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Office Hours: Monday 9-11am, Wednesday 10:30-noon, or by appointment

 

Mammalogy (ZOO 384) – Syllabus (Fall 2019)

This course explores the diversity and biology of mammals from an evolutionary perspective. The purpose is to gain an understanding on adaptive strategies, identification, systematics and life history of Mammalia. In the laboratory, students will gain skills required to understand the origin and evolution of mammals and mammalian adaptations to the environment; identification of mammals through the use of dichotomous keys, tracks and field techniques and computational tools for the study of mammals.

 

Biology Seminar (BIO 110) – Syllabus (Fall 2019)

The overall goal of this class is to learn how to succeed as Biology/Zoology majors and as future professionals. Students will also learn the correct approach to the scientific method, analyses, interpretation and communication approaches in science.

 

Animal Ecology (ZOO 389) – Next offering: Spring 2020

This course explores ecological, behavioral and evolutionary concepts and theories behind the relationships between organisms and the environment. Through a series of lectures, discussions and laboratory practices, students gain a deeper understanding of basic ecological theory (e.g., population growth, competition, migration), relevant evolutionary concepts (e.g., life histories, phylogeography, eco-evolutionary dynamics), and behavioral strategies (e.g., evolutionary stable strategies, mating systems).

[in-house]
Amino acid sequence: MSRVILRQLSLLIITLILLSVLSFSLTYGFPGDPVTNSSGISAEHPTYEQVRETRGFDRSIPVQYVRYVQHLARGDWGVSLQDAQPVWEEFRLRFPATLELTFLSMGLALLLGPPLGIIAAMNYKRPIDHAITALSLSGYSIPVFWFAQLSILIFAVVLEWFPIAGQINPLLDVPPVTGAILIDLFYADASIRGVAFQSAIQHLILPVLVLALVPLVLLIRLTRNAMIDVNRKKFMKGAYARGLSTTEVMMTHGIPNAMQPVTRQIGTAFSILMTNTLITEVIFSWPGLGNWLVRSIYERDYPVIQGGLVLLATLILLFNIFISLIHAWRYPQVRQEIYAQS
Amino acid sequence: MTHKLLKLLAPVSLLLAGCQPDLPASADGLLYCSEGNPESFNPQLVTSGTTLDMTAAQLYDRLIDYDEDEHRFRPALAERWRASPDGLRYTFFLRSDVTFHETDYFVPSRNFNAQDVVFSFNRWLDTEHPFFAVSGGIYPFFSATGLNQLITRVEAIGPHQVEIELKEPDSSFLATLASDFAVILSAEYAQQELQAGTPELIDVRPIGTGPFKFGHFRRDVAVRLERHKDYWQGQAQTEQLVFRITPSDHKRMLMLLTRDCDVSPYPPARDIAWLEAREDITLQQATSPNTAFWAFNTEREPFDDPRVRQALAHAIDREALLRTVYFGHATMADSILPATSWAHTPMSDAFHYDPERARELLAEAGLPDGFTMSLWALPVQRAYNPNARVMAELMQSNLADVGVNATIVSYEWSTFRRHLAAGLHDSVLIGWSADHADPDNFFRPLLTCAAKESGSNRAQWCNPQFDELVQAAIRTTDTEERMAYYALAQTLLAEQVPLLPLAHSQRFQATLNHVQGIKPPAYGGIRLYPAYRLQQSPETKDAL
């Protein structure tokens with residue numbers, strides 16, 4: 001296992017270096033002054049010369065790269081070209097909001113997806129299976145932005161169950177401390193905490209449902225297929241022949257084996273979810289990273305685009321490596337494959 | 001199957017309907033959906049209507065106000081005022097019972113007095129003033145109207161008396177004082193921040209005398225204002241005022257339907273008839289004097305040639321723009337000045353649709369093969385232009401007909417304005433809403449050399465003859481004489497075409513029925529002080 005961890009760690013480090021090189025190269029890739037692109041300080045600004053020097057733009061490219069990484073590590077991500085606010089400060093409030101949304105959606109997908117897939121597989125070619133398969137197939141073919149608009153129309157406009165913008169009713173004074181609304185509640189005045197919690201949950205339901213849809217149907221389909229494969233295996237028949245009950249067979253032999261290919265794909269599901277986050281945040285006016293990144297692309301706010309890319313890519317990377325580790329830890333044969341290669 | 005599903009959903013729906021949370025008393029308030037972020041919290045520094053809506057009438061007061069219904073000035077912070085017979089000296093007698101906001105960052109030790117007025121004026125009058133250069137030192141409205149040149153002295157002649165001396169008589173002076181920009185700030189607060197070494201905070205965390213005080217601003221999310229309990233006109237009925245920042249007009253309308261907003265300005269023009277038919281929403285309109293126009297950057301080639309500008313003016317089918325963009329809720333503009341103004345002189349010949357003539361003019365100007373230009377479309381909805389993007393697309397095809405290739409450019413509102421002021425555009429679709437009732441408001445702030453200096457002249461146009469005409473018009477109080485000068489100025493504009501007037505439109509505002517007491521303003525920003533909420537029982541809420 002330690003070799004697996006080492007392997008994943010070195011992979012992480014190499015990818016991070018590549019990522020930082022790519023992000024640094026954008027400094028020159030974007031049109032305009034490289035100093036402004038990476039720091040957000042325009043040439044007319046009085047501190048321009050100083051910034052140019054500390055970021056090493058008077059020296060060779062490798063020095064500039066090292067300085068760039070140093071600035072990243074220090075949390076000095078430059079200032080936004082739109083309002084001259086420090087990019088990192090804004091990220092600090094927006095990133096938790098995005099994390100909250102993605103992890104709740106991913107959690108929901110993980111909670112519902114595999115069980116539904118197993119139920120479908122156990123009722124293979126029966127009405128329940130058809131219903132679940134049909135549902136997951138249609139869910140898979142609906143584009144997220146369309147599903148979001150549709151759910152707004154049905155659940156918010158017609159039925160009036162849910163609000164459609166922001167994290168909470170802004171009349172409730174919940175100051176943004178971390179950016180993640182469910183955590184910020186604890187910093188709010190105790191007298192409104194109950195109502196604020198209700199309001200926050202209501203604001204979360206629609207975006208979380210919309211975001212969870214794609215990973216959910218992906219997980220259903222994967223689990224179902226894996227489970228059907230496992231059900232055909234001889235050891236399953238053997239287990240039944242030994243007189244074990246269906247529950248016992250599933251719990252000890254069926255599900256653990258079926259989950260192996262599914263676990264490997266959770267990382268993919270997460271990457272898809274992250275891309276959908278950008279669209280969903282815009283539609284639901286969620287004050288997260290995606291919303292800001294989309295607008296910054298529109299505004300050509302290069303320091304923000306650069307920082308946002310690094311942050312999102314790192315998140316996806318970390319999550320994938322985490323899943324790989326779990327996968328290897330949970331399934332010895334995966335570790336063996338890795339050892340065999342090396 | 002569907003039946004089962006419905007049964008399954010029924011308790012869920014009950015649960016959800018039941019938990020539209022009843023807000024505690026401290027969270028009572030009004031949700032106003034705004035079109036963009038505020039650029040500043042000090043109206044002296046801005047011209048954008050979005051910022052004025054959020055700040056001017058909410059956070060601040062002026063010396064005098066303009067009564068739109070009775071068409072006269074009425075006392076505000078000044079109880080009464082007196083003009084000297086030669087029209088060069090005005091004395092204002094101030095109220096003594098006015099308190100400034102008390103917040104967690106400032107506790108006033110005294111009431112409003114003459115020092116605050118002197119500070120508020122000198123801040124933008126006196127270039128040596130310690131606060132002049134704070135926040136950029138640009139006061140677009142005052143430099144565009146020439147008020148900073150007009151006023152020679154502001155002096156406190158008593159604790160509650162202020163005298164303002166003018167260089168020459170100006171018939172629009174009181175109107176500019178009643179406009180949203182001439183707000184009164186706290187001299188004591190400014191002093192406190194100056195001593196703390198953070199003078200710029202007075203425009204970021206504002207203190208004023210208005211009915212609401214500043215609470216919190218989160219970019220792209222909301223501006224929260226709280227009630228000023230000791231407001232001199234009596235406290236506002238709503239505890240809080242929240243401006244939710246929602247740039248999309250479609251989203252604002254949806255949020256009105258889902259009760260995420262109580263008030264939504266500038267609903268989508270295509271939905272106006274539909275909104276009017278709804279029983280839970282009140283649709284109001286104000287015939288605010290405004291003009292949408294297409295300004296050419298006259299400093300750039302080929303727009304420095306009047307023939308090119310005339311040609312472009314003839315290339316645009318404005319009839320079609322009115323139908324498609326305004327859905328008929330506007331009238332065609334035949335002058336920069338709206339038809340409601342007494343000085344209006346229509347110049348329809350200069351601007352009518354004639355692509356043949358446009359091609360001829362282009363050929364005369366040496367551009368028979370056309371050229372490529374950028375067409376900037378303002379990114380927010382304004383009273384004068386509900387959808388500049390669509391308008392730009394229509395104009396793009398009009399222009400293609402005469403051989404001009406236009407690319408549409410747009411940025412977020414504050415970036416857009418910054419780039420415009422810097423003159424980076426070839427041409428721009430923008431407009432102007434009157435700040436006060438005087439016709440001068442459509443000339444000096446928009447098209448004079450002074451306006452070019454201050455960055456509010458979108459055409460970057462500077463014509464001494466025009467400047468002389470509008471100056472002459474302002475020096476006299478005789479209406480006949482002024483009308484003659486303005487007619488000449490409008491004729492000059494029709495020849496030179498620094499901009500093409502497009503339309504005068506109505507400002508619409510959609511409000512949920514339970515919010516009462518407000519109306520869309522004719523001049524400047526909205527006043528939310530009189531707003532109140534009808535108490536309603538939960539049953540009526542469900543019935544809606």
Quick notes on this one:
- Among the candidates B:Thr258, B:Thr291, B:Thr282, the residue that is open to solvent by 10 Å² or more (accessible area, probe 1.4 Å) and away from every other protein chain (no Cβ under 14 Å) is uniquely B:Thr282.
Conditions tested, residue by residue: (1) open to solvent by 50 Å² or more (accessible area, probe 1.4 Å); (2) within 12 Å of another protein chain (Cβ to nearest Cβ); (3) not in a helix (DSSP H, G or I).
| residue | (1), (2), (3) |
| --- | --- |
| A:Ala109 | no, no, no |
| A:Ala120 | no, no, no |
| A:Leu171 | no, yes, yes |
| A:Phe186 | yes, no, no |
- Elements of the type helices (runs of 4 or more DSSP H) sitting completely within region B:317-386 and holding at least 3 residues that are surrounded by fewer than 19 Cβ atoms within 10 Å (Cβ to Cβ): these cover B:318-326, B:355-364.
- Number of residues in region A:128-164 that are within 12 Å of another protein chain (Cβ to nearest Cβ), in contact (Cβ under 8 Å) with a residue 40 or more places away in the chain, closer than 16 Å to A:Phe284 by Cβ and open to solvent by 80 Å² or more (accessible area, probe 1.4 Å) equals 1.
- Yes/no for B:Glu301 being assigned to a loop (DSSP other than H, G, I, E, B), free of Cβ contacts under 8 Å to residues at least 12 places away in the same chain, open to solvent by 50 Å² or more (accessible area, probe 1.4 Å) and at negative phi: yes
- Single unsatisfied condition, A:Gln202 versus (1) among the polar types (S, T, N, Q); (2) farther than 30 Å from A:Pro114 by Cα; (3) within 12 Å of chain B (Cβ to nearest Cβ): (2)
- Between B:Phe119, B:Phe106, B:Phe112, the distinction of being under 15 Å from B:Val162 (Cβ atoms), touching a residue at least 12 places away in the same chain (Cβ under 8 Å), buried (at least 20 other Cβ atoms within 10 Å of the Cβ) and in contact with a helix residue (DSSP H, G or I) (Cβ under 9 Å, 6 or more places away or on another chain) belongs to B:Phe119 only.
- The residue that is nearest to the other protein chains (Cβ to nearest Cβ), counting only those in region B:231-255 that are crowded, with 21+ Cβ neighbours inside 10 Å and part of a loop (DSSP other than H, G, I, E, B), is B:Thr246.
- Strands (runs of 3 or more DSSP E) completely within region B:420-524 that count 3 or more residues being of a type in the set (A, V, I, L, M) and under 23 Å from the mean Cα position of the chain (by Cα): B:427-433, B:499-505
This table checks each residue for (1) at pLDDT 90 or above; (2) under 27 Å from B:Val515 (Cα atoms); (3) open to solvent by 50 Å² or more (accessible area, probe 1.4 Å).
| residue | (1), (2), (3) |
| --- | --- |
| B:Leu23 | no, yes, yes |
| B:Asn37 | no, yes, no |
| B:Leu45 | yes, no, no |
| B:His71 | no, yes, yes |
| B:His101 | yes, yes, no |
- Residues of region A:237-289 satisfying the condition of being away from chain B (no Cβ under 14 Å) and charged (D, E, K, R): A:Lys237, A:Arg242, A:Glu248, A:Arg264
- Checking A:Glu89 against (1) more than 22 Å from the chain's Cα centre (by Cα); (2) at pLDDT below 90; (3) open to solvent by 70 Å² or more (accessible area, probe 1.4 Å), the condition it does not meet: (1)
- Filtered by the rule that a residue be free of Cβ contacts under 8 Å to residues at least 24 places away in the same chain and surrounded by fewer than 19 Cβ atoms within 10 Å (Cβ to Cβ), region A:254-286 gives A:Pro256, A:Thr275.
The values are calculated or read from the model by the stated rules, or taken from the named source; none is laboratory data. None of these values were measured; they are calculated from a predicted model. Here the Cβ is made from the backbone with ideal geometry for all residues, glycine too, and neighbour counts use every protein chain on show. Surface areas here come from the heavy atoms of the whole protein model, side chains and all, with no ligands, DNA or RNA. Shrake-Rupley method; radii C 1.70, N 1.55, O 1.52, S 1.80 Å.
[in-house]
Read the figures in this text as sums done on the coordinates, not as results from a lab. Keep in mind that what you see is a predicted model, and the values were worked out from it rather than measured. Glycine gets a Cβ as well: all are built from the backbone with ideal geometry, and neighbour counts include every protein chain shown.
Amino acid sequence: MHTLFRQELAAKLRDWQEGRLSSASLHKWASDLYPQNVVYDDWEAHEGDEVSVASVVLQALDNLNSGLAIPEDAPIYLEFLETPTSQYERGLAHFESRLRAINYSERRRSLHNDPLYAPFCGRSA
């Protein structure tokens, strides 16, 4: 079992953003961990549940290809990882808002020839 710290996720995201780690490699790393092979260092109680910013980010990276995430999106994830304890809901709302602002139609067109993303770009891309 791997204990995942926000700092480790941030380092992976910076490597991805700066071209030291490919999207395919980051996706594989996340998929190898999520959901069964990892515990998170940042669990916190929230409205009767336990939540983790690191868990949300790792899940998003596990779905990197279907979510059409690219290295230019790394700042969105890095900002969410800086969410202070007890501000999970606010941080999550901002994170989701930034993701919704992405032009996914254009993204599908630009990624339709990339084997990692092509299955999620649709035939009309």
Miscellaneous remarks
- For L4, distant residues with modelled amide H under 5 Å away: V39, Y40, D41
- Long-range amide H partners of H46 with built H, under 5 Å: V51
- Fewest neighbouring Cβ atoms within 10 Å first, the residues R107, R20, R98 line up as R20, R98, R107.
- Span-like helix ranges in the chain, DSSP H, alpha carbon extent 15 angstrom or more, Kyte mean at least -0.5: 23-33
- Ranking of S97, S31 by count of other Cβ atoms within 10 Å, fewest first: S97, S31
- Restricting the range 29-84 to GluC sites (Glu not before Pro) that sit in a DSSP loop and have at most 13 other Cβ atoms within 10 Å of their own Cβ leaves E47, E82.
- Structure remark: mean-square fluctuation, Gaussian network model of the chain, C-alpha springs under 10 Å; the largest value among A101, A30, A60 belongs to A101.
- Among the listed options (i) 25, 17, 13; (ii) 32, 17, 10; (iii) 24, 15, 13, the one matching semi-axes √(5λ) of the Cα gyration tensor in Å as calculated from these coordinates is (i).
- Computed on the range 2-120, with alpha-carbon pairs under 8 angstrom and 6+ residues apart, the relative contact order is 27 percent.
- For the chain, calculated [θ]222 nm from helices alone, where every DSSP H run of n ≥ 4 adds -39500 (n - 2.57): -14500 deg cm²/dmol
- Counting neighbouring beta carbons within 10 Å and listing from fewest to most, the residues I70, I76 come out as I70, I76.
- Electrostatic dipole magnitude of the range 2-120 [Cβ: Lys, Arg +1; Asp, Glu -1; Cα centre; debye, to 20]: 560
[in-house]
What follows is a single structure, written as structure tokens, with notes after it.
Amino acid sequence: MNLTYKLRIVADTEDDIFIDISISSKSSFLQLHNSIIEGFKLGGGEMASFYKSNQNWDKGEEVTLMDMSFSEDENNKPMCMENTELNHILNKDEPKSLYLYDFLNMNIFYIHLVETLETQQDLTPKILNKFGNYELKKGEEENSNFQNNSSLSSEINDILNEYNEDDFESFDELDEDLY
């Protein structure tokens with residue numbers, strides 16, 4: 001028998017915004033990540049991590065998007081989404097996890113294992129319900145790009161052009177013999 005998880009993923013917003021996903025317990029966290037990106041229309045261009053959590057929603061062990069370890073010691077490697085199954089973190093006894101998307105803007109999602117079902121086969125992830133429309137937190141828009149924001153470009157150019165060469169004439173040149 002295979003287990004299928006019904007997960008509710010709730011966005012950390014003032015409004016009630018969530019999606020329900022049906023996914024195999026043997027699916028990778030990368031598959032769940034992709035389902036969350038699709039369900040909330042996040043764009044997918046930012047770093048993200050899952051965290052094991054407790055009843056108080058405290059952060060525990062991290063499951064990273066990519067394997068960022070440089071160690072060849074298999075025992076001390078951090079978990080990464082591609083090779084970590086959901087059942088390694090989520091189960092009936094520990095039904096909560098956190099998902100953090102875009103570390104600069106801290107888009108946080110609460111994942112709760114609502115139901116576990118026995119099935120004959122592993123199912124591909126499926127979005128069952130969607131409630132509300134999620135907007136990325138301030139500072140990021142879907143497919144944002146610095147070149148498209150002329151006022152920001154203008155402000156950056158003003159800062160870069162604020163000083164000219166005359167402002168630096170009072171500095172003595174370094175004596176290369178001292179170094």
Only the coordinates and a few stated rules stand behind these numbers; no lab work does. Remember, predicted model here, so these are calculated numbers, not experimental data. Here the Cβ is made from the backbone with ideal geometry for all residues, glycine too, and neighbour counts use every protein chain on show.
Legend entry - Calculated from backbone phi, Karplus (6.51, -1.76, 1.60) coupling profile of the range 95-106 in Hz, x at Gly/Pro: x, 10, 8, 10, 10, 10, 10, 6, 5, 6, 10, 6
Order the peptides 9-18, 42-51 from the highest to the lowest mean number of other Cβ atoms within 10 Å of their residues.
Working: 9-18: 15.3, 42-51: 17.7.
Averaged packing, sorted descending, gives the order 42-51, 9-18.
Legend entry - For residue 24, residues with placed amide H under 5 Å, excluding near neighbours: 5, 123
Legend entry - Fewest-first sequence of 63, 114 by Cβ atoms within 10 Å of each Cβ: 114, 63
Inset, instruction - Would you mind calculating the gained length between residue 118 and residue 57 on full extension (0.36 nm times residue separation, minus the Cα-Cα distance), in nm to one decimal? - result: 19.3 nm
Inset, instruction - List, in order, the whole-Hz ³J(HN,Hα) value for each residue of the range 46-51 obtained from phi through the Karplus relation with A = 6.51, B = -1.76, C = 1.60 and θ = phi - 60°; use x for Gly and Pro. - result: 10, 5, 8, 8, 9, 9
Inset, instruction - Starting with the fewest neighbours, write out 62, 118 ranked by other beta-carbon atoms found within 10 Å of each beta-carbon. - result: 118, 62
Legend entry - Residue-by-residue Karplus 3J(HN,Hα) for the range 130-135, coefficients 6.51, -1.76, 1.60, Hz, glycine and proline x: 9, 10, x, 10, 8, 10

Research in Animal Ecology (BIO 492) – Next offering: Spring 2020

In this course, students integrate the knowledge and skills learned in previous biology classes by developing a research project in the field of Animal Ecology. This is a broad field; thus, students have the freedom to determine their specific direction, by developing field, laboratory and/or data-based projects using a wide range of study organisms.

 

Population Biology (BIO 324) – Next offering: TBA

Population biology studies the structure, function and distribution of populations and the ecological and evolutionary processes influencing them. This course is an introduction to conceptual and theoretical underpinnings of this exciting field. Basic concepts of population genetics, population ecology and behavioral ecology will illustrate how populations respond to the environment in an evolutionary context.

 

[State University of New York at Oswego] [Department of Biological Sciences]

[Rice Creek Field Station]

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